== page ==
Opportunities for Students in High-Tech Classrooms

The Learning page article "High Tech Lures the Humanities," July 6, tells only part of the story. The real thrill of interactive television comes from teaching teachers how to help learners create and build their own life-long learning.

A teacher's regular review of the videotapes from class discussions clearly shows: (1) how the moderator technique is working to maintain useful flow, (2) where each student needs help with integration, articulation, and self-direction, and (3) how and when best to provide them with or help them find necessary information in advance so that class time can feature the students engaged in debate and discussion.

Our revolution-in-learning-through-technology is also coming from linking students widely separated in location, culture, and situation, and letting them interact for 75 minutes twice a week. The students also learn from each other. They acquire solid foundations through the exercises. They create their own videotape lessons, which then become part of the following semester's course material. Teacher becomes guide, student becomes companion-learner-contributor.

New technology should not be one more focus upon the teacher's lecture - it can become the vehicle for redesigning the outmoded parts of the profession, and offering alternatives which are learner-centered and therefore more educative and productive. Guy Bensusan Flagstaff, Ariz., Humanities Professor, Northern Arizona Univ. Needed: two-parent homes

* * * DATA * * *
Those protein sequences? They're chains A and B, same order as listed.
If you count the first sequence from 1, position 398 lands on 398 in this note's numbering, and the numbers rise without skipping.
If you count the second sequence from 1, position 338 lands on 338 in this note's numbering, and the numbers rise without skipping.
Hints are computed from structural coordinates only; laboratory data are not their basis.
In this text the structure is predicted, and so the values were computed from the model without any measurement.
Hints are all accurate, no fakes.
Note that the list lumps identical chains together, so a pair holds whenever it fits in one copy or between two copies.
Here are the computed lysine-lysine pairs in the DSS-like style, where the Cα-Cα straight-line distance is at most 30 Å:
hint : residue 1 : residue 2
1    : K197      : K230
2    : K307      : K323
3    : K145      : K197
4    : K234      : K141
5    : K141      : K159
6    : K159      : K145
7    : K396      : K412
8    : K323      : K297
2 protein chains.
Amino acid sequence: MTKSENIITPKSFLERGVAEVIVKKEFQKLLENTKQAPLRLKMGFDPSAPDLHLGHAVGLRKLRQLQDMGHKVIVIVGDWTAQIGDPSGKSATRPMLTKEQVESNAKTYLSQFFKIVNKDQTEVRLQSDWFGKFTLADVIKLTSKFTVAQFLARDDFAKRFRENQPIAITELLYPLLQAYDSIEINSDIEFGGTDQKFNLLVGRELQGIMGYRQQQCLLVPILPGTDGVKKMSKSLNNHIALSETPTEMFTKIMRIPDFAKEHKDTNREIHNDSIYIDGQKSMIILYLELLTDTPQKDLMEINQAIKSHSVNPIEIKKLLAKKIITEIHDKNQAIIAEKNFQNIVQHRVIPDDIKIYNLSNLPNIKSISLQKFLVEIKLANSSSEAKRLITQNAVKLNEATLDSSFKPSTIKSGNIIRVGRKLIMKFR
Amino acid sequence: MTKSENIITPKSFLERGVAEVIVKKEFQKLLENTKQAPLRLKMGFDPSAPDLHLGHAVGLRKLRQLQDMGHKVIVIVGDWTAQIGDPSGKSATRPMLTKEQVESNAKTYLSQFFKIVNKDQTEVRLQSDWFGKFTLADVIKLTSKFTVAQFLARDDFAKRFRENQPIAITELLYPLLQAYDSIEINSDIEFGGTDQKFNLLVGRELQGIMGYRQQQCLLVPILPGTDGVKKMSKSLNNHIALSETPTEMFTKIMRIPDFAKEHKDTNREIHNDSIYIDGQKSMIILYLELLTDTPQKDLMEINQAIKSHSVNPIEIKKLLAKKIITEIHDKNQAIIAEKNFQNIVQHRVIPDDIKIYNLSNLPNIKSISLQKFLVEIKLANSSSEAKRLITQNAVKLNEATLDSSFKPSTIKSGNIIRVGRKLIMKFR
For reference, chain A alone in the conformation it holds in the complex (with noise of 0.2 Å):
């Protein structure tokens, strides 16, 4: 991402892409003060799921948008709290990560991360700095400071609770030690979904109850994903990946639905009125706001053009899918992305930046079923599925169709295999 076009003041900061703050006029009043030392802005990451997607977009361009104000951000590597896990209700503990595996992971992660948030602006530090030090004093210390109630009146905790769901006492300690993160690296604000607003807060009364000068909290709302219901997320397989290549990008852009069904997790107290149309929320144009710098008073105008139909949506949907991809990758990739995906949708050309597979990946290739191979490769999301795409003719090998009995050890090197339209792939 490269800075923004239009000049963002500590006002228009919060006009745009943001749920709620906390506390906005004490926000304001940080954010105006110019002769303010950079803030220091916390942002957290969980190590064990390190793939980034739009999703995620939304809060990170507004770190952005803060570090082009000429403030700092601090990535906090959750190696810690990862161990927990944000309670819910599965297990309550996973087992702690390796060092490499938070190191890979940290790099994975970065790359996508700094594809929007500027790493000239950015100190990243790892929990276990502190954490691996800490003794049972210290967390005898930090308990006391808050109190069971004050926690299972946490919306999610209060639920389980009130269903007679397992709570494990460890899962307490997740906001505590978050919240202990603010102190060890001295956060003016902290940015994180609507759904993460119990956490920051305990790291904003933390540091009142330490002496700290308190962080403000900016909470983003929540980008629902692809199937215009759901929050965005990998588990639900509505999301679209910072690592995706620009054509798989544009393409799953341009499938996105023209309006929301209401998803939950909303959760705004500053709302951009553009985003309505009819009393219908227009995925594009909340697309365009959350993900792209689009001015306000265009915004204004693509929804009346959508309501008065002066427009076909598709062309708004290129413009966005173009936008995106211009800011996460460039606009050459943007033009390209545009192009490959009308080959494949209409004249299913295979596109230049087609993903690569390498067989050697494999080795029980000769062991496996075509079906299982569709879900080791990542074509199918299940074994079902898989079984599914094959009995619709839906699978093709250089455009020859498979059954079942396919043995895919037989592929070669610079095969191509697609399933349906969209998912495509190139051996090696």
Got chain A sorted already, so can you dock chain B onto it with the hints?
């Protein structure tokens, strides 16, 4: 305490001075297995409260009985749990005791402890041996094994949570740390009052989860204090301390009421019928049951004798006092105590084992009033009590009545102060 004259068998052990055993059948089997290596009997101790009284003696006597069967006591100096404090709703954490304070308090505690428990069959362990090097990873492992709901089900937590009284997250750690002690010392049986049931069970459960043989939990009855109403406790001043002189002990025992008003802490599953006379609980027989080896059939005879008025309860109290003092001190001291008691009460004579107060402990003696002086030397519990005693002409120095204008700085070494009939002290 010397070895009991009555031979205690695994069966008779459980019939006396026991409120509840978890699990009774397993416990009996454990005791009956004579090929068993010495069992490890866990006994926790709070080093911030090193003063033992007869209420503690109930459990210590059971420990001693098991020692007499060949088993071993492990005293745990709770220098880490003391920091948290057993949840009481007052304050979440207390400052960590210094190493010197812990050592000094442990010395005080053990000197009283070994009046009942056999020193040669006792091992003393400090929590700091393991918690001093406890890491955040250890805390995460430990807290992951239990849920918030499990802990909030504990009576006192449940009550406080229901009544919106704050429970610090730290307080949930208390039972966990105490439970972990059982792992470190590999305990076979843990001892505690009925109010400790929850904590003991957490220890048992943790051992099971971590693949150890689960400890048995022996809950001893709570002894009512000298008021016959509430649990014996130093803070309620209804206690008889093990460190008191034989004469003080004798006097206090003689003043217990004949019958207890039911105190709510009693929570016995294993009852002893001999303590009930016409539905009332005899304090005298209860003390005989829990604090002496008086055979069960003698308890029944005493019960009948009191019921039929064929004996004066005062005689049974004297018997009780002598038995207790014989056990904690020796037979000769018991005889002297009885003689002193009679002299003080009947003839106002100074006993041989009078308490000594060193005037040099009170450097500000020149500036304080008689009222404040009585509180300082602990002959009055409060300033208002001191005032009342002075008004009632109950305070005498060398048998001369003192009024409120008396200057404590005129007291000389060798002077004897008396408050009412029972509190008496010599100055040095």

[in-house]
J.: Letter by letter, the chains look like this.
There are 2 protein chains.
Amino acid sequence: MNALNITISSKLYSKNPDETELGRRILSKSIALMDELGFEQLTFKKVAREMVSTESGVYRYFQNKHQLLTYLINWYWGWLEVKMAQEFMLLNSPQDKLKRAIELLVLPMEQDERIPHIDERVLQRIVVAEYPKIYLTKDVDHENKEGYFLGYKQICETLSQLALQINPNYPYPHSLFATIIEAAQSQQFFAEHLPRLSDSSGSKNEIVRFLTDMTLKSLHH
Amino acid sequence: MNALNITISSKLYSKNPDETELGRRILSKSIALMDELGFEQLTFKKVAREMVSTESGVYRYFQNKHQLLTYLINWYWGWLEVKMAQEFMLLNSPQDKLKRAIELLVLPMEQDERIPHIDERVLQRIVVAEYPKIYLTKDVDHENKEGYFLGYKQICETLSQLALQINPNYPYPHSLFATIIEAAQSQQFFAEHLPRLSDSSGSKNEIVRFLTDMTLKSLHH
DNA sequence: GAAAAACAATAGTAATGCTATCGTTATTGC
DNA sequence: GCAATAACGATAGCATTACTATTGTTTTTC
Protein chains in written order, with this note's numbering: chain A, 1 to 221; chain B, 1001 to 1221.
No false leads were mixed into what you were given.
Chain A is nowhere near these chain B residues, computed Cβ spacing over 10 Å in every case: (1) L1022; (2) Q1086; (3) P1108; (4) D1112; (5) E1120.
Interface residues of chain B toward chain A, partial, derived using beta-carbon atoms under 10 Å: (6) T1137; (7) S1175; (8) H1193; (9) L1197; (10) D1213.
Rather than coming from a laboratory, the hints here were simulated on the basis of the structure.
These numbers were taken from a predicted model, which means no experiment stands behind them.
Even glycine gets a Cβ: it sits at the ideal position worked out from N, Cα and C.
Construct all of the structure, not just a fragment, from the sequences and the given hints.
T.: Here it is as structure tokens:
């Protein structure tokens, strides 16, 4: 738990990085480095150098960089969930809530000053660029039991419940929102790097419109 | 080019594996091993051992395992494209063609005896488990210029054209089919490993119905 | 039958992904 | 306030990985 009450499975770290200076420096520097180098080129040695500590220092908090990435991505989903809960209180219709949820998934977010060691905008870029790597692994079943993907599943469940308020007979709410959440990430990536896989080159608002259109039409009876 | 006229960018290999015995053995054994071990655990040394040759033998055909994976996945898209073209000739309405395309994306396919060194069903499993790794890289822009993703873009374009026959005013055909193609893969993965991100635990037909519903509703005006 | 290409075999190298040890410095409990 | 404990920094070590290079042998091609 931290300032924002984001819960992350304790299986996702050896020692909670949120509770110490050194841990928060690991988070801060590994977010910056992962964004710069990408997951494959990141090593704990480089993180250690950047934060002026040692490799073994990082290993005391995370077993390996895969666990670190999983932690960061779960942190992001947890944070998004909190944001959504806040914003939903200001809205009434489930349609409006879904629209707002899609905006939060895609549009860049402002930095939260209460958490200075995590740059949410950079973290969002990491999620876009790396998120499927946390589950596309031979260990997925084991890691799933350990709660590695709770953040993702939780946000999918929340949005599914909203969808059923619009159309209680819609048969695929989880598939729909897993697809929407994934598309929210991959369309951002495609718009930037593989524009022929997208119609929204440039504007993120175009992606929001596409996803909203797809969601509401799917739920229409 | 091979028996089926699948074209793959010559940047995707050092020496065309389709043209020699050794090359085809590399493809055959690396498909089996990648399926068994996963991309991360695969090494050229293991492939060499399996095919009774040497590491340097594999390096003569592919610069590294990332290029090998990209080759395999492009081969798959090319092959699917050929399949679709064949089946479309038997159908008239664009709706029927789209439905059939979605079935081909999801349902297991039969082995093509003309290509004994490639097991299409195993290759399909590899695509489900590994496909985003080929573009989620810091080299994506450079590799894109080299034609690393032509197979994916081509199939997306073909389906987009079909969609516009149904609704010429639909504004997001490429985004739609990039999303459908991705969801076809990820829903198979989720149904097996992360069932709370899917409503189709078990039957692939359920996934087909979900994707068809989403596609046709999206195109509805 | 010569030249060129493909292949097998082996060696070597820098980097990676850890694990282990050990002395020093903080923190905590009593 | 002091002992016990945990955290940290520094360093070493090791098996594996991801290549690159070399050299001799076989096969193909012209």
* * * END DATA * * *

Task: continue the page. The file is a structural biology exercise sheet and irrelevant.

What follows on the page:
The editorial "Choice in Schools," June 30, implies a need for reform in our educational system because of the plight of the inner-city schools.

An article in a recent issue of Scientific American reported on the academic achievement, as a group, of the Indo-Chinese "boat" children. The authors of the article found that these children, many of whom attend inner-city schools in low-income neighborhoods, are above average in math and average in English, despite having learned English as a second language. Most of these children came from two-parent families that placed a high value on education.

I believe it was Pat Moynihan who, 20-some years ago, pointed out that welfare rules would destroy the two-parent, low-income family. Rather than educational reform, I suggest that the inner-city problem will best be addressed by welfare reform and a change in our society's operational values regarding both education and race. Edward Stephenson, Bethlehem, Pa. Ethiopia is a complex country

Regarding the article "Tribe Boycotts Ethiopian Vote," June 19: In Ethiopia, the concept of "ethnic federation," as opposed to geographical federation, is counterproductive. From its inception, this concept has spread hatred, suspicion, and anarchy among the multi-ethnic society that has lived together harmoniously for many centuries. Those who propose "ethnic federation" as a solution to the political crisis in Ethiopia should reexamine the complex realities of the country. To secessionists and ethnocen trists, the task of disintegrating the country into ethnic nationalism will not be easy.

The international community, in particular the United States, has the moral obligation to bring all forces to the negotiating table so that a meaningful agreement can be achieved. Hailu Wendie, Cambridge, Mass.

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